Mads, a 34-year-old scriptwriter, goes through a crisis in life when a close friend of his has a stroke and ends up in a coma. Mads breaks up with his girlfriend for ten years and tries to ... See full summary »
Three weeks before general elections, the leader of one of the country's largest parties, the Center Party, is involved in a severe car accident. The political scene is thrown into disarray... See full summary »
Anders W. Berthelsen,
In 1767, the British Princess Caroline is betrothed to the mad King Christian VII of Denmark, but her life with the erratic monarch in the oppressive country becomes an isolating misery. However, Christian soon gains a fast companion with the German Dr. Johann Struensee, a quietly idealistic man of the Enlightenment. As the only one who can influence the King, Struensee is able to begin sweeping enlightened reforms of Denmark through Christian even as Caroline falls for the doctor. However, their secret affair proves a tragic mistake that their conservative enemies use to their advantage in a conflict that threatens to claim more than just the lovers as their victims. Written by
Kenneth Chisholm (email@example.com)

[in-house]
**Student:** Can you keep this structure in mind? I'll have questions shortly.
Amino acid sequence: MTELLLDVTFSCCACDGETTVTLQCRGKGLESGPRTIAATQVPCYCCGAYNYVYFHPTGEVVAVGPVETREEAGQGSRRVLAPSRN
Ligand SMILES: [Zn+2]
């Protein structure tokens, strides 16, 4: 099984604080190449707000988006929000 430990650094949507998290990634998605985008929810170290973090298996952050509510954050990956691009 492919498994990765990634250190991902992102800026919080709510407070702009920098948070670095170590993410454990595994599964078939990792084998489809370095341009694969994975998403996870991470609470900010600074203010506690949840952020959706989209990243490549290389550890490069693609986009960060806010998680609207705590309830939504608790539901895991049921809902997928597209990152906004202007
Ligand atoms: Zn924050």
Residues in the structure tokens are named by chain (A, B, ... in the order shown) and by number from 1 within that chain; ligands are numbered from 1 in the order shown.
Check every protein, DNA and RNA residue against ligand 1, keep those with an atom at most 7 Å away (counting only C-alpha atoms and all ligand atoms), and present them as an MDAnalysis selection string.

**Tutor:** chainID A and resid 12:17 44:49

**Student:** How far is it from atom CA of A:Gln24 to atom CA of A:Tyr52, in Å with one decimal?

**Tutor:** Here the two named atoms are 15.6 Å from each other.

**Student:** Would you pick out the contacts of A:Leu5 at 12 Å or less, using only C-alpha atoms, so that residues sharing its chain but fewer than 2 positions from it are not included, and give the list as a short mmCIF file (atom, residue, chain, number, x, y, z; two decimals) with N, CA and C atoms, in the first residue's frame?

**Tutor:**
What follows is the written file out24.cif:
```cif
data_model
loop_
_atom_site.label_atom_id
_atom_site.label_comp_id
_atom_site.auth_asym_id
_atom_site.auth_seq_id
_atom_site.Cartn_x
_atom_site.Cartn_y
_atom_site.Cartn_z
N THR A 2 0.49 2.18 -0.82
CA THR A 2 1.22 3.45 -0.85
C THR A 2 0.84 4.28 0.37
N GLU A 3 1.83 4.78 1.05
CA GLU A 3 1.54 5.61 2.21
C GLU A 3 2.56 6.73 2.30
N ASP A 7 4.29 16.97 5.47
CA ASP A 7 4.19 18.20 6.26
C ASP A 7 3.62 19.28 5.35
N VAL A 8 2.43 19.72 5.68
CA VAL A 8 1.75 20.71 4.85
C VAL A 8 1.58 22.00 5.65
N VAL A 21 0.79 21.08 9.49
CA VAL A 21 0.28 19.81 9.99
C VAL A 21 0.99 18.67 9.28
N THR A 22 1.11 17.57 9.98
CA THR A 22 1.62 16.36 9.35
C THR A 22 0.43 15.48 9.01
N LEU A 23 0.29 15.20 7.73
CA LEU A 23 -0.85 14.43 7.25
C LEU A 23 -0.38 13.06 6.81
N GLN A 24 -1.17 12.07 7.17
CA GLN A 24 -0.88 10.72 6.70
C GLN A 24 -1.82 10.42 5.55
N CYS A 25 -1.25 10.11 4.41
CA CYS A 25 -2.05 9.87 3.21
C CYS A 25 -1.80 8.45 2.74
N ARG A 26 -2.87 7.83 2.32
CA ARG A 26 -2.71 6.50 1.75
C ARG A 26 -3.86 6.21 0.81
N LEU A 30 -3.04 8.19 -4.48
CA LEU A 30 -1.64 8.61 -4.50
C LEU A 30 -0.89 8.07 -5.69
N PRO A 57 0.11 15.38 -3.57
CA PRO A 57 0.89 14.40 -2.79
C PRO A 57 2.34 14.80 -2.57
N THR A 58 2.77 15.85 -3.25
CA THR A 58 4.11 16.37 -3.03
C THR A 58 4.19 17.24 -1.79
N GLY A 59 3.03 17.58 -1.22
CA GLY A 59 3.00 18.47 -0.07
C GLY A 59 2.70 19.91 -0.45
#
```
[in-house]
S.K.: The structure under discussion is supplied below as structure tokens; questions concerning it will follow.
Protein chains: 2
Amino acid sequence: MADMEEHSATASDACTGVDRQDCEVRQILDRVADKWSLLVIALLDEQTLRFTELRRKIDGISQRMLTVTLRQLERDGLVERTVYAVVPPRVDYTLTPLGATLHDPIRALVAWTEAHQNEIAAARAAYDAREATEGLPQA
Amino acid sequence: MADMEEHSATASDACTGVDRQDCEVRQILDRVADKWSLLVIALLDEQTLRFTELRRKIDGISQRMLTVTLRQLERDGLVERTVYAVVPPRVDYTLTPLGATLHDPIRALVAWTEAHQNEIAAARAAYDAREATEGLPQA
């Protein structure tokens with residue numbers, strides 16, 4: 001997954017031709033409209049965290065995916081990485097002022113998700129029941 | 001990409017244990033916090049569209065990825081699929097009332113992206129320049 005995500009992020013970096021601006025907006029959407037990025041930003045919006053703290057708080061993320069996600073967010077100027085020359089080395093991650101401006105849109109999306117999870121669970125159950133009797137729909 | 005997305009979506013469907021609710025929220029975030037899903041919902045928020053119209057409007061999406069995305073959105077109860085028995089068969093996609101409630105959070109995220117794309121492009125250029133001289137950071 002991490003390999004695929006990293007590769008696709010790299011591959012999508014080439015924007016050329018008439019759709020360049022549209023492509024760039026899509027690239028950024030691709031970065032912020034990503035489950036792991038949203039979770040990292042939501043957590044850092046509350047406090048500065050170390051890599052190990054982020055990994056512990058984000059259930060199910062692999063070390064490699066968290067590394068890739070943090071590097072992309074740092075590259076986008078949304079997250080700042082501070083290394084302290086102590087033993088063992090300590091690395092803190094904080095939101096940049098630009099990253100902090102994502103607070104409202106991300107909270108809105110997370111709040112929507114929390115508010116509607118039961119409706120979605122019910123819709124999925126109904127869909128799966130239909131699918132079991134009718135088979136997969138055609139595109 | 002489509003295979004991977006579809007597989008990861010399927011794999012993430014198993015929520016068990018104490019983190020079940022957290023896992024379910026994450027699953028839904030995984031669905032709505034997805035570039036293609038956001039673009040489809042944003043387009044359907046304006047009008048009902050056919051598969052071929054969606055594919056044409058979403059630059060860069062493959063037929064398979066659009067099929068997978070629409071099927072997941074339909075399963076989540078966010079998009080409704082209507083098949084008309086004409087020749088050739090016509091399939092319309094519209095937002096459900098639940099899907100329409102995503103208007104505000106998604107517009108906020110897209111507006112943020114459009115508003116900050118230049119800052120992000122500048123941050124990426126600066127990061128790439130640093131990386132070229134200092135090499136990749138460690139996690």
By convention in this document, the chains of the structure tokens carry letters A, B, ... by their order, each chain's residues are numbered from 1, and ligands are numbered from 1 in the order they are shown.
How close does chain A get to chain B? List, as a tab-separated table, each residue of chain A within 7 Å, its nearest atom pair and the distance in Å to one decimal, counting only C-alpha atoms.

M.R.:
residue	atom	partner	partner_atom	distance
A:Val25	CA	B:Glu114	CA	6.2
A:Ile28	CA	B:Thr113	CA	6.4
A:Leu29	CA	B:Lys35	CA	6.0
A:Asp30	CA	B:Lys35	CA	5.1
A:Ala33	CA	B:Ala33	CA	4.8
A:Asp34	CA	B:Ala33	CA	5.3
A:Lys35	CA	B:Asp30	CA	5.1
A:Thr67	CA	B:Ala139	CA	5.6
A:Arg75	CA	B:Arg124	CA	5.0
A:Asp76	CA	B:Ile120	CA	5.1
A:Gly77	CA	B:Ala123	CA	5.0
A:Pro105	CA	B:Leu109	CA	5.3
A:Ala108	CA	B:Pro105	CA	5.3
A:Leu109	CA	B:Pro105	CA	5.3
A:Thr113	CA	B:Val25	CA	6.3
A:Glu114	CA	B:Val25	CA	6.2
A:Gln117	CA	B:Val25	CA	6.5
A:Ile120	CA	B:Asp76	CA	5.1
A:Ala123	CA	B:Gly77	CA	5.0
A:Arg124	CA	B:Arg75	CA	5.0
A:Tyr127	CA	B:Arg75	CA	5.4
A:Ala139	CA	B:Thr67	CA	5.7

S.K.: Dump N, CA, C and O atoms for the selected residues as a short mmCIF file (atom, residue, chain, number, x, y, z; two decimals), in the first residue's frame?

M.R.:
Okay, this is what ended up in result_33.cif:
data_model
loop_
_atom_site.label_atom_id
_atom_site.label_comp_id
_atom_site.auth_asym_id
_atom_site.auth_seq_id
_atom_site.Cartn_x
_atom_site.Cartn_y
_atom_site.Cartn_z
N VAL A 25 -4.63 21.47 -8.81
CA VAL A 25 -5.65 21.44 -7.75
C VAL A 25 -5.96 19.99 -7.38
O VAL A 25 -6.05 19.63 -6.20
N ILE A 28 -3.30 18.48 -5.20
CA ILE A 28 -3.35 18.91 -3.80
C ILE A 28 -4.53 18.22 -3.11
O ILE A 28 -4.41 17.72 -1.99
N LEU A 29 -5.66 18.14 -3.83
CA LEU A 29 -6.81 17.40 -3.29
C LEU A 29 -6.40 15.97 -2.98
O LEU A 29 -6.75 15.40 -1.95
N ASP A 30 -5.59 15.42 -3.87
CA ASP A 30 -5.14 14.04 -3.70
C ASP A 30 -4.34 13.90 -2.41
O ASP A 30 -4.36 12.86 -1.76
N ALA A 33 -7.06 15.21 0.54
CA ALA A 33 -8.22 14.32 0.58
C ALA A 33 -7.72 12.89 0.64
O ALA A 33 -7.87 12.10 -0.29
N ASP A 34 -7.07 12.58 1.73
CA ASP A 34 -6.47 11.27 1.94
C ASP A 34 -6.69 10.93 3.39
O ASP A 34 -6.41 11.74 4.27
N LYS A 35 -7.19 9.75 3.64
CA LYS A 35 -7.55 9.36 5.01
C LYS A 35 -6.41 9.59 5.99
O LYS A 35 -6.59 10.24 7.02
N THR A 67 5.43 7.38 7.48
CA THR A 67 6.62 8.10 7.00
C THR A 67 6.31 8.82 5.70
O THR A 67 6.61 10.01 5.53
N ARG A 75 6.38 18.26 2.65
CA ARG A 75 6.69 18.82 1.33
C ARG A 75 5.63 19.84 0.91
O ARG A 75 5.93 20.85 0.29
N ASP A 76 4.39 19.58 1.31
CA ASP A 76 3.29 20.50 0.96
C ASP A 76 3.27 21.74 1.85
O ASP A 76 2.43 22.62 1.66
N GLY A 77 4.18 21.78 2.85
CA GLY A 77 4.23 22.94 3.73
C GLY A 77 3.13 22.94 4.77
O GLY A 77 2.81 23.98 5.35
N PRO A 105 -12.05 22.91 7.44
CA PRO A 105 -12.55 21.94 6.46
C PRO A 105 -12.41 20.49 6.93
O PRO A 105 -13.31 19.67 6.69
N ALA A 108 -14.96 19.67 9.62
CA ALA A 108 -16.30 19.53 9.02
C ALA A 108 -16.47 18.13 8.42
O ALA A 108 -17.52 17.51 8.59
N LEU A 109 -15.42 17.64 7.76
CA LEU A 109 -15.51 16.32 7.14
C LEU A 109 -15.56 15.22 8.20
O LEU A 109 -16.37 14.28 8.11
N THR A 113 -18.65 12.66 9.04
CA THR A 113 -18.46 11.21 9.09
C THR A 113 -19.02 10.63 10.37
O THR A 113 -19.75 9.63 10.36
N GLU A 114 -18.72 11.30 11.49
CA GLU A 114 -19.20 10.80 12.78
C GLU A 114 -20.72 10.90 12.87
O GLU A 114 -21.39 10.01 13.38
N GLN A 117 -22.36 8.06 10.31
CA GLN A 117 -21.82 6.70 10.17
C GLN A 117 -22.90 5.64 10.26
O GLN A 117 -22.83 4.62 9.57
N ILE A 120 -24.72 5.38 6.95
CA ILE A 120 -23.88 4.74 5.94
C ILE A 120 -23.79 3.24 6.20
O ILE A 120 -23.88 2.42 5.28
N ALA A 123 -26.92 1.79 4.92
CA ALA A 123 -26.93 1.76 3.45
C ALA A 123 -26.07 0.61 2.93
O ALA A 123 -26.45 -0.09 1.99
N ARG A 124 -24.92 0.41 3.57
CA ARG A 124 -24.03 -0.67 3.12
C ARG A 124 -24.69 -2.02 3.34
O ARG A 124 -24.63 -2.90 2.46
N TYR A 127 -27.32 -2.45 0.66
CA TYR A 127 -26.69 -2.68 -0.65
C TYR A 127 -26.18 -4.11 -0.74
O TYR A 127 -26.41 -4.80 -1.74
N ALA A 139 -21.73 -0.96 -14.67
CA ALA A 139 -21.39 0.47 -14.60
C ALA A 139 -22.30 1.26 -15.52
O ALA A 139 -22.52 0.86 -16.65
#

The film's director, Nikolaj Arcel, made a Director's Statement for the picture. It reads: "A ROYAL AFFAIR is based on one of the most dramatic events in Denmark and indeed European history; whenever I used to pitch the film to foreign investors, people had a hard time believing that the story was true, that these momentous events had actually happened in the late 1700's. In Denmark however, it is taught in school, more than 15 books have been written about it (both factual and fictional) and there has even been an opera and a ballet. I feel honored and extremely lucky to finally bring the full story to the screen. Tonally, I was inspired by the great epics from the 40's and 50's where films would often feel like literary works, structured around characters and the passage of time, and not clearly following the obvious screenplay roadmaps. But my creative team and I were also fired up by the idea of bringing the Scandinavian historical drama into the new century. We wanted to achieve this by adhering to a self-imposed rule; we didn't want to "show" history, didn't want to dwell pointlessly on the big official events, the fancy dresses and hairdos, or the way the food was served. Rather, we wanted people to simply experience the story through the eyes of the characters, taking the 1760's for granted. Even though the period is obviously there in the set designs, the costumes it was filmed and edited as we would have filmed and edited a film taking place in modern Copenhagen. Finally, Gabriel Yared and Cyrille Auforts' beautiful score has brought the film full circle, and home to its epic roots. - Nikolaj Arcel, Director / Writer". See more »